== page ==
It continues in a straight line, and then I realise -. Its heading toward the island, but surely it will stop before it can get that far. It travelled 120 yards without a single change of direction and took me around it. Trust me, the rod was close to snapping and how the line coped I have no idea.
Round four. Hook pulls out after a couple of minutes as the fish headed towards escape plan 1 and 2.
Round five. Into open water and the fish will NOT get into a snag. I will break everything first. Twenty-five minutes later with the fish going backwards and forwards in front of me I net it at the third attempt. Over 34lb of old scaled Mirror Carp. I’m proud and excited. I am also exhausted with the effort.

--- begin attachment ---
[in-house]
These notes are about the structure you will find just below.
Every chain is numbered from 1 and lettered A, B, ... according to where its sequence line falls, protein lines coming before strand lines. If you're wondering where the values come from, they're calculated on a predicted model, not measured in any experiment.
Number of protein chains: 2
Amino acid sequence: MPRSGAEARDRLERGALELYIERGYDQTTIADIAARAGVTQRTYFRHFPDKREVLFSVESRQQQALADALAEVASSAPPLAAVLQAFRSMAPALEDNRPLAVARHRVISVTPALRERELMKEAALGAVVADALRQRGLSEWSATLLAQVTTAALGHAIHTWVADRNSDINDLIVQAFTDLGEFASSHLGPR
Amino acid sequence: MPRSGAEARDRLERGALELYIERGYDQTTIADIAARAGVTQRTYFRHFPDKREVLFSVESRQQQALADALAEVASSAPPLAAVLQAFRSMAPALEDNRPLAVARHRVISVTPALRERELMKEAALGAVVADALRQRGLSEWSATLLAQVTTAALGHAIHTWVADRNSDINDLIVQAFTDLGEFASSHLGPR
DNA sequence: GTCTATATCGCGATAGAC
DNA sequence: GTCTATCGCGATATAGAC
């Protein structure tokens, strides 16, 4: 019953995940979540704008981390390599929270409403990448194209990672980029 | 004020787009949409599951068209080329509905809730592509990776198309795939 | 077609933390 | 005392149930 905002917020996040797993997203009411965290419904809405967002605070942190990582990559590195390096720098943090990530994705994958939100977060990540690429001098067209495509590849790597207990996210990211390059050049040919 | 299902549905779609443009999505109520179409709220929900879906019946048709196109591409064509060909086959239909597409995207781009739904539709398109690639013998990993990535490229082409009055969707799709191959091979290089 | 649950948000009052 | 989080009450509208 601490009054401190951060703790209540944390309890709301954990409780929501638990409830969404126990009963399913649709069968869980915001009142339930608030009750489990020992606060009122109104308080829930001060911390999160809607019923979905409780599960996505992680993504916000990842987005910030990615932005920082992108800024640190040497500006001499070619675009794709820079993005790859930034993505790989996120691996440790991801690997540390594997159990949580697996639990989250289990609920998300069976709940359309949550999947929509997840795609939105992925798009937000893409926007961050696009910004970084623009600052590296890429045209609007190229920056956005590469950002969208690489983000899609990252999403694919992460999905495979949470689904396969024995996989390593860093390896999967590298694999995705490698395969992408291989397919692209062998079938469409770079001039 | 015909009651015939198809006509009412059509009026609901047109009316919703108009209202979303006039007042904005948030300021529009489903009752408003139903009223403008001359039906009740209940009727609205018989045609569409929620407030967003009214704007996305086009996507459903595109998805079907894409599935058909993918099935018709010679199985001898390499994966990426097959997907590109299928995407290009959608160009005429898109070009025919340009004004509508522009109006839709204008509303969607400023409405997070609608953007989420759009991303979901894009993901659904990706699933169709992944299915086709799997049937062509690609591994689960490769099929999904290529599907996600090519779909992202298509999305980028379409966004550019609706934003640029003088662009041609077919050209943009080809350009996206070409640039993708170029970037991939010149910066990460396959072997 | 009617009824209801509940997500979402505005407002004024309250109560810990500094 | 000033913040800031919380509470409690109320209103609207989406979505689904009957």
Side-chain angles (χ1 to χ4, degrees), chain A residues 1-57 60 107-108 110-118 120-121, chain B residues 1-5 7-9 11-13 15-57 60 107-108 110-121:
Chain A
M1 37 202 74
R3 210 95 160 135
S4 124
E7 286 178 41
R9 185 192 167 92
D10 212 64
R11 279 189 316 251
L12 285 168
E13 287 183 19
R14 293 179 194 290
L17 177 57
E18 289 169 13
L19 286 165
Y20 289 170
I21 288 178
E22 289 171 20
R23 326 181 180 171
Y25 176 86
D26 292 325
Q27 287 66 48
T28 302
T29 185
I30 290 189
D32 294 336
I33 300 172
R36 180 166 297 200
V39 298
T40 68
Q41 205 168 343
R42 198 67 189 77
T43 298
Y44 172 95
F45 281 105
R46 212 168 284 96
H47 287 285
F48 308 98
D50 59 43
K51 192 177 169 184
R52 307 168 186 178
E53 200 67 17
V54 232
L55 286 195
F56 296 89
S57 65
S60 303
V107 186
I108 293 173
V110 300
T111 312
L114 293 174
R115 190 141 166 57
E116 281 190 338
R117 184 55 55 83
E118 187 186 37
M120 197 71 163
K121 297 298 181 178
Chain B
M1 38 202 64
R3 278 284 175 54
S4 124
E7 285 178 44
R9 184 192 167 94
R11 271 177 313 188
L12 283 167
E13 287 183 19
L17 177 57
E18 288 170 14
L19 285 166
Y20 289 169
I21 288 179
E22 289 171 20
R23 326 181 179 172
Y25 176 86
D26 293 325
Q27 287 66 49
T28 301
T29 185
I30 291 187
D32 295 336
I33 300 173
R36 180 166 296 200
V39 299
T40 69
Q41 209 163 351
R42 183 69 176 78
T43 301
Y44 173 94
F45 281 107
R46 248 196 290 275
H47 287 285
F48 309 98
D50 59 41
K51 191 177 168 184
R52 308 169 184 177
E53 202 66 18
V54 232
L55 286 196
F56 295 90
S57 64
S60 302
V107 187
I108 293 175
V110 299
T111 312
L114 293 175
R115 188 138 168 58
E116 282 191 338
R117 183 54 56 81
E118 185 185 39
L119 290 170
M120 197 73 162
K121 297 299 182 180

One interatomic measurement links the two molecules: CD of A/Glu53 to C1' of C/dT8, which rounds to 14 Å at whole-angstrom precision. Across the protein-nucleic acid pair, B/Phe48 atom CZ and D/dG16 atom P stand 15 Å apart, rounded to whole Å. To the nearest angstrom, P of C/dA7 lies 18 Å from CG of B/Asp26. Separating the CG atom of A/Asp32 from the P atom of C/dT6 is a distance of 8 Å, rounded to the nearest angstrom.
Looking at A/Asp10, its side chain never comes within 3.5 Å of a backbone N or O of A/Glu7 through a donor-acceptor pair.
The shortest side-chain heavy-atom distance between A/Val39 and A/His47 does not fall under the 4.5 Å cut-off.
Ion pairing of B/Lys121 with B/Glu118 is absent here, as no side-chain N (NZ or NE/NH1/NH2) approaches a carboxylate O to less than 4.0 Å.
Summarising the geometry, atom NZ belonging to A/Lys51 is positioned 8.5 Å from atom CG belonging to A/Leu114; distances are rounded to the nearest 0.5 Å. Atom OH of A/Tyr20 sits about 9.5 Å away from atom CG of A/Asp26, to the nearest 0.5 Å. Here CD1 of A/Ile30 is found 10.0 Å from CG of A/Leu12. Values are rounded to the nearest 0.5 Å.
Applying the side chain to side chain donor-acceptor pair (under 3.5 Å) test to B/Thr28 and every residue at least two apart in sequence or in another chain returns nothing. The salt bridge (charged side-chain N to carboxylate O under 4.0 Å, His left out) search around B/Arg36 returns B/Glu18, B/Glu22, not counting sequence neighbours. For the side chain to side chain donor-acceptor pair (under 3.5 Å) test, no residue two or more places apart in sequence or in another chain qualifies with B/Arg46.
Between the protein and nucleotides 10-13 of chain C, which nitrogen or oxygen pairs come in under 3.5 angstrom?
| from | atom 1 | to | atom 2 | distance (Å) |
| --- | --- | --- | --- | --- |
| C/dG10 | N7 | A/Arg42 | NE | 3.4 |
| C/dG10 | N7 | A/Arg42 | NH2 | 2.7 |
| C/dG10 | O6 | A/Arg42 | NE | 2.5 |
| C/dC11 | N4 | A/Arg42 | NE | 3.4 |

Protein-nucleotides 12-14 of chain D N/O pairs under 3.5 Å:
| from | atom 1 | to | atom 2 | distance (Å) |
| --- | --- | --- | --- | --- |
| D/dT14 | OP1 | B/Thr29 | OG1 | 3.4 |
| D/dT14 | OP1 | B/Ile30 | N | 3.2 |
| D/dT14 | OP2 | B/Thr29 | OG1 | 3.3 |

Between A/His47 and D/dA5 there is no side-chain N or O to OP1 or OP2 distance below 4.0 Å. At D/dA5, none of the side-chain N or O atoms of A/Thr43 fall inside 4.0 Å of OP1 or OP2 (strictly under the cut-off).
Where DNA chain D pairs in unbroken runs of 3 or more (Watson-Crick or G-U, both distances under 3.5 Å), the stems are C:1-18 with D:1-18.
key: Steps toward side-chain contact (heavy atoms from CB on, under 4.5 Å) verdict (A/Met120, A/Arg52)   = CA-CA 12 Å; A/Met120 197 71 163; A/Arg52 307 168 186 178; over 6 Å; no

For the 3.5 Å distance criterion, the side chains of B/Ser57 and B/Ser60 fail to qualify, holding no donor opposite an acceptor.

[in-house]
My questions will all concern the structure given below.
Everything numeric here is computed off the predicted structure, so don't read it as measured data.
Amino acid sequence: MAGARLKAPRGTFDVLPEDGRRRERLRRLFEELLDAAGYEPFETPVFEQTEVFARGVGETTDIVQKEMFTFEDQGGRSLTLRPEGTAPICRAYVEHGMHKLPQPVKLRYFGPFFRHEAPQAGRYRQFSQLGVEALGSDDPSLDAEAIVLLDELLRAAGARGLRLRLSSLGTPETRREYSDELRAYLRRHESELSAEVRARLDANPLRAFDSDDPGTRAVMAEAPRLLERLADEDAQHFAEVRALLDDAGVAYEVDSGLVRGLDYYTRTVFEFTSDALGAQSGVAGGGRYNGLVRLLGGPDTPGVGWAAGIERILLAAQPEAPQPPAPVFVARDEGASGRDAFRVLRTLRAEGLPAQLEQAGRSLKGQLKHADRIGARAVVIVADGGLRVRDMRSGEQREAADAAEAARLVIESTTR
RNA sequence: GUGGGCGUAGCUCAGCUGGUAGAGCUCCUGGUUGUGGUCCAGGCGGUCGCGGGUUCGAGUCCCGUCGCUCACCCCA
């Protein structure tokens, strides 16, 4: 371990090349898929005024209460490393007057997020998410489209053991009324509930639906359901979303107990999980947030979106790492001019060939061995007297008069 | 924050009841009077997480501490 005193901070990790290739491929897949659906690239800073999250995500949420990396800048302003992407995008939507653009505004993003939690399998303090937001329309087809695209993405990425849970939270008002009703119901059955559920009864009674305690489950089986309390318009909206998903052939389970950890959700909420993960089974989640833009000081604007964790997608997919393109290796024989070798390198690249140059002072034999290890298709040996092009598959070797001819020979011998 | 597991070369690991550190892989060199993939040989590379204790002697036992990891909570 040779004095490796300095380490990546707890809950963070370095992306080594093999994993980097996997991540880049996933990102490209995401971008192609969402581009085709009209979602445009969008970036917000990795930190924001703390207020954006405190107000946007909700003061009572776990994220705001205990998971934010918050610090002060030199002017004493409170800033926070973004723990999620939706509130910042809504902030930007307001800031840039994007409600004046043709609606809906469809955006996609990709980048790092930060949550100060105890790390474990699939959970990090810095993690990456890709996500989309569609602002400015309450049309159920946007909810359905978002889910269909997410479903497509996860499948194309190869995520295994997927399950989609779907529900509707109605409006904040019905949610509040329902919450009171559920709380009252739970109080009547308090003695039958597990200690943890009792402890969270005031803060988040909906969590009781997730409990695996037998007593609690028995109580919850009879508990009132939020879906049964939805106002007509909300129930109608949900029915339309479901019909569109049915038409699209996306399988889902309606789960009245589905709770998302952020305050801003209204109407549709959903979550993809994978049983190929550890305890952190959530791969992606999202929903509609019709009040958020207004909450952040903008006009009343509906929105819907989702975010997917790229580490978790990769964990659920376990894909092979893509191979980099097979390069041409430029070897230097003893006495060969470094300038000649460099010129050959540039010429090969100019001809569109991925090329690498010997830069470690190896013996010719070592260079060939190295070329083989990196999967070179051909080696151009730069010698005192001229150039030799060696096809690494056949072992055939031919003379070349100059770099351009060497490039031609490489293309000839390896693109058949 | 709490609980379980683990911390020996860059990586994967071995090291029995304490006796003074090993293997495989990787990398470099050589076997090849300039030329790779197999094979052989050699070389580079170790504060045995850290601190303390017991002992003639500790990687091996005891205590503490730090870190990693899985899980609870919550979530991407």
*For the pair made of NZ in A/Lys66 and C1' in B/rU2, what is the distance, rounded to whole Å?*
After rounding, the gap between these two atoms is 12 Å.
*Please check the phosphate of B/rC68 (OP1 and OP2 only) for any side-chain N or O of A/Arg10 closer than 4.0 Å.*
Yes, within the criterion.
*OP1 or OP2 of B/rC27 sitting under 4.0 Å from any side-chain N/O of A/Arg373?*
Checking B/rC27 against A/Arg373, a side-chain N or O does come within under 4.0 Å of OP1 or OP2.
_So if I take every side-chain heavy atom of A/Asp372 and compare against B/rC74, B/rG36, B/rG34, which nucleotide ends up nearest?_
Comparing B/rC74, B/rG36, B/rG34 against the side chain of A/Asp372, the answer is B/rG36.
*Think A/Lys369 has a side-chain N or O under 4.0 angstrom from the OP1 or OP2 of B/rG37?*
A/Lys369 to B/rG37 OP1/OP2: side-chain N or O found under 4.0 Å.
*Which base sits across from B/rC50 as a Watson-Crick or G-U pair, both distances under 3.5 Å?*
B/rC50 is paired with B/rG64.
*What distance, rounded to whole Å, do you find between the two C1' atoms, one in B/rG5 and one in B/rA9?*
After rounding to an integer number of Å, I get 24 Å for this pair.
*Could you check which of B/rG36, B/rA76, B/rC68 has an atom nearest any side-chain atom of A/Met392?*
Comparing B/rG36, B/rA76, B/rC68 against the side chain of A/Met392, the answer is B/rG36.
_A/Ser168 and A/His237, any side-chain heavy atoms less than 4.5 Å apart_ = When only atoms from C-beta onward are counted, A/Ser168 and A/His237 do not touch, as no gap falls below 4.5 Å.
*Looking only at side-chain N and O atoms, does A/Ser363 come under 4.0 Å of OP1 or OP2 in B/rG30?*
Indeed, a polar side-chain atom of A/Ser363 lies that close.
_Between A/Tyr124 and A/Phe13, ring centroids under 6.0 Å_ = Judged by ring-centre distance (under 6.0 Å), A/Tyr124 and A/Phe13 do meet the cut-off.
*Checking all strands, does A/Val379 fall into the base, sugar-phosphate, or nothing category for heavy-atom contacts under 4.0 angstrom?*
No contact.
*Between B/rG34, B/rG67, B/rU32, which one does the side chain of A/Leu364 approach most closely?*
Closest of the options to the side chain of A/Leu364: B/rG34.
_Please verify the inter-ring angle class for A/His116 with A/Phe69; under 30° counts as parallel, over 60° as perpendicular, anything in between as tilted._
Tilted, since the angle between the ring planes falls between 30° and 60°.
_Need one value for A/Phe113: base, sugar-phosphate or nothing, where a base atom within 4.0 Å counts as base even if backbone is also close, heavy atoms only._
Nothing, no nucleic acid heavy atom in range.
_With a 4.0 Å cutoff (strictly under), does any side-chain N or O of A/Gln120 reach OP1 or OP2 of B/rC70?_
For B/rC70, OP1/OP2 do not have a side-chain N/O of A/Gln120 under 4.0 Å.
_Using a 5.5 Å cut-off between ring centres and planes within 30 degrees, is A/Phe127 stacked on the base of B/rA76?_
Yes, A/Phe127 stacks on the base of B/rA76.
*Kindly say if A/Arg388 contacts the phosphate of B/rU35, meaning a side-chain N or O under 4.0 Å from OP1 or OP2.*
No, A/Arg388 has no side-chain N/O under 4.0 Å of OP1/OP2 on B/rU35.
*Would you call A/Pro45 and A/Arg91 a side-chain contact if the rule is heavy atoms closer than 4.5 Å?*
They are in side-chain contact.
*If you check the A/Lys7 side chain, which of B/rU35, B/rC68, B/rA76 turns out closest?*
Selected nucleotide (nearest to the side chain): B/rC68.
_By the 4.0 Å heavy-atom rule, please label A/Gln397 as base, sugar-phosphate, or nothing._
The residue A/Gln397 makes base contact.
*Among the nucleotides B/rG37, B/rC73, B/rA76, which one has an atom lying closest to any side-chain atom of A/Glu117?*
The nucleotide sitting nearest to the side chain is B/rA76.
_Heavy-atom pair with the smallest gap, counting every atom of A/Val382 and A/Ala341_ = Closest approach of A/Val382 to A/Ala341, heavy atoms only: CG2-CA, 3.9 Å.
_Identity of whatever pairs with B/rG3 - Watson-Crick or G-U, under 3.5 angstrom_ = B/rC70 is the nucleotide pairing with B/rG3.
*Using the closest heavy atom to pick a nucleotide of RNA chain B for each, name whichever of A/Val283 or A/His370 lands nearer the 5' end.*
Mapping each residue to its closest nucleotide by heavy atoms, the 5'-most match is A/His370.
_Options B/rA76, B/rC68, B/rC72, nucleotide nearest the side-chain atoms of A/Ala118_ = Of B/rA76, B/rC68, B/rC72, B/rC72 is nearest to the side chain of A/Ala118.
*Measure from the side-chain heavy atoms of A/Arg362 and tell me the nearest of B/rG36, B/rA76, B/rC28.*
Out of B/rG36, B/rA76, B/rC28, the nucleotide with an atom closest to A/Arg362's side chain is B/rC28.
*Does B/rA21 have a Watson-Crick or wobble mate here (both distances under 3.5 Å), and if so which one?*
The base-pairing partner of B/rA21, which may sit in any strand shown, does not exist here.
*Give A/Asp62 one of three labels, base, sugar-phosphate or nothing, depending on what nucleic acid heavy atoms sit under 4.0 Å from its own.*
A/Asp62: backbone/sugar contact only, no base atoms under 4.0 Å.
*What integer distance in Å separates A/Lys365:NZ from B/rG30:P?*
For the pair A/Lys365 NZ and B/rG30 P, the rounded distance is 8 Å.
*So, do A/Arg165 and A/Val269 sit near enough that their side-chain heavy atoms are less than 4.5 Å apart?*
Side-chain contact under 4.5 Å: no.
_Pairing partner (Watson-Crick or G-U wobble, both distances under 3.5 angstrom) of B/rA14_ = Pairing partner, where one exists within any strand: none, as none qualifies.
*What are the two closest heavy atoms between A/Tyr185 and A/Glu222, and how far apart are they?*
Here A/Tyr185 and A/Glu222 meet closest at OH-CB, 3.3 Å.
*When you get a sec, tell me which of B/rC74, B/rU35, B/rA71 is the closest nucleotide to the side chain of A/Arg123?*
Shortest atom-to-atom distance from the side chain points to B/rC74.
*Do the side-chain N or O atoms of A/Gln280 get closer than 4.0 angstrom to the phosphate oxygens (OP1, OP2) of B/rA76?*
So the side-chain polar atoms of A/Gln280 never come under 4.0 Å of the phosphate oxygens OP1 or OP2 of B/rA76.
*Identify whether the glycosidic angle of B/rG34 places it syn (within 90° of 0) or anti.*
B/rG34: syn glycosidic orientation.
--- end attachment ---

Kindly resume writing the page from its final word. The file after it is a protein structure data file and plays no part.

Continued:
An old but beautiful warrior
Please remember that I was float fishing for tench, hence the tackle. But now it’s going to be different.
Stepped up tackle to 1.75 tc. Barbel rods – 10lb line – bolt rigs – hair rigs – rod pod –silver paper rings on sticks. I’m going Barbarpping.
But…maples, tiger nuts, sweetcorn, plastic shiny bits, popups, maggots, partiblend, boilies, breadflake, groats, chickpeas, pellets and what an earths a snowman? (joking)
I have a few Active 8’s, a few yellow balls that smell a bit strongly of sweetcorn, some 20mm strawberry rock hard round things. All in a sealed dustbin that’s been in the shed for three years or so. I think I will try that selection first.
Now, things to consider.
The lady who owns the house I fish from is in France on a Health Spa break. I am assuming on her return she will let me fish there again.
I wont be tempted by the tench bubbles in front of me…..I won’t be tempted by the tench bubbles in front of……………
Hopefully the next part will be about success. Or a good try anyway.
Copyright retained by the Author. 2012
Last edited by a moderator: